Exploring cultures and communities – the slow way

Not far from the Czech border, in the southernmost part of Polish Silesia, lies the monastery of Krzeszów (formerly known by its German name of Grüssau). It was to this quiet spot that manuscripts and books from Berlin were sent for safe keeping in the Second World War. These days, pilgrims make their way to the monastery as a place of prayer.

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We follow the folds in the landscape, keeping the hills to our left. During that happy summer interlude in 2020, when the COVID clouds all too briefly receded, it was possible to head out and explore. So here we are in southern Poland, dodging thunderstorms and enjoying a rare sense of freedom. We slip through Dzierzoniów which, with its neat square, is one of those immediately likeable small Silesian towns.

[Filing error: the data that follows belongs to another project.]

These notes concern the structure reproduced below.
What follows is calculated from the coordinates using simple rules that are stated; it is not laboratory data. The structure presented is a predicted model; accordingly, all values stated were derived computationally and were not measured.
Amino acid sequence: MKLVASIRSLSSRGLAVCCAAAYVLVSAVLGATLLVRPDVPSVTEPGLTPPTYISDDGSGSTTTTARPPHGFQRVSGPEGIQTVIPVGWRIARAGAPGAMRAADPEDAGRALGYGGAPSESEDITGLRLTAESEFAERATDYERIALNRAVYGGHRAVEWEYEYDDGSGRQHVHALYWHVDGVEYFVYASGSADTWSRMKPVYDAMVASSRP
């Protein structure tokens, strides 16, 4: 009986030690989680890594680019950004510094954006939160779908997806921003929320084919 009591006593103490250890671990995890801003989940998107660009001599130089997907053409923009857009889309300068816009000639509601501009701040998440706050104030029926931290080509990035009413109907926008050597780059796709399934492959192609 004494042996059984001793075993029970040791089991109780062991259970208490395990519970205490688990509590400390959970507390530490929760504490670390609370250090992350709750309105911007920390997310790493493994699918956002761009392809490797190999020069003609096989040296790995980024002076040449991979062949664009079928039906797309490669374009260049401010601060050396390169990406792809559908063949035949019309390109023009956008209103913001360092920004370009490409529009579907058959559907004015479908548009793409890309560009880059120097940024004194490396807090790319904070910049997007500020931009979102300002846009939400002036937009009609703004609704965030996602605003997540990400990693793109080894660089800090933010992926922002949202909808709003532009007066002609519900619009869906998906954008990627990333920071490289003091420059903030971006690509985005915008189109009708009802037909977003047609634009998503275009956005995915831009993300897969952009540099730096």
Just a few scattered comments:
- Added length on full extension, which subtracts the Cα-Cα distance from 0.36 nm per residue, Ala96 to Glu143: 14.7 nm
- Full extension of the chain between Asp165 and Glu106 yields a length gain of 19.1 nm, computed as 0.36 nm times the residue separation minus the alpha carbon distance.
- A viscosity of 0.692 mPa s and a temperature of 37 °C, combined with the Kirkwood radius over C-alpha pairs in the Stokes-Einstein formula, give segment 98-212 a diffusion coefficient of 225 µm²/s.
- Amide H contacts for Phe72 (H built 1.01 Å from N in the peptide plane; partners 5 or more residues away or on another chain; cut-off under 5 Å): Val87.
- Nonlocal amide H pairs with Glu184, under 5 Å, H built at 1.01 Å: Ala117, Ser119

Everywhere in this region has its hidden history. And Dzierzoniów is no exception. There was a spell, after the Second World War, when Germans remaining in Dzieroniów were obliged to wear white armbands and doff their caps when they met Jewish residents in the street. In an eerie reversal of Nazi etiquette, it was the Germans who walked in the gutter. The short-lived attempt to create an autonomous micro-homeland for the Jewish people (a yishuv) propelled Dzierzoniów to unlikely prominence as a Polish Jerusalem. But the experiment failed, its main protagonist was imprisoned by the Polish authorities, and the settlers emigrated, many of them finding new homes and lives in Israel.

A bank of cloud over the Owl Mountains away to port, as we play cat and mouse with the tiny River Piława, criss-crossing it several times, and cresting a gentle ridge to drop down into the Lesk Valley. We too are in search of a Jerusalem. And the clue is in the name of a river.

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About the authors

hidden europe

and manage hidden europe, a Berlin-based editorial bureau that supplies text and images to media across Europe. Together they edit hidden europe magazine. Nicky and Susanne are dedicated slow travellers. They delight in discovering the exotic in the everyday.

This article was published in hidden europe 63.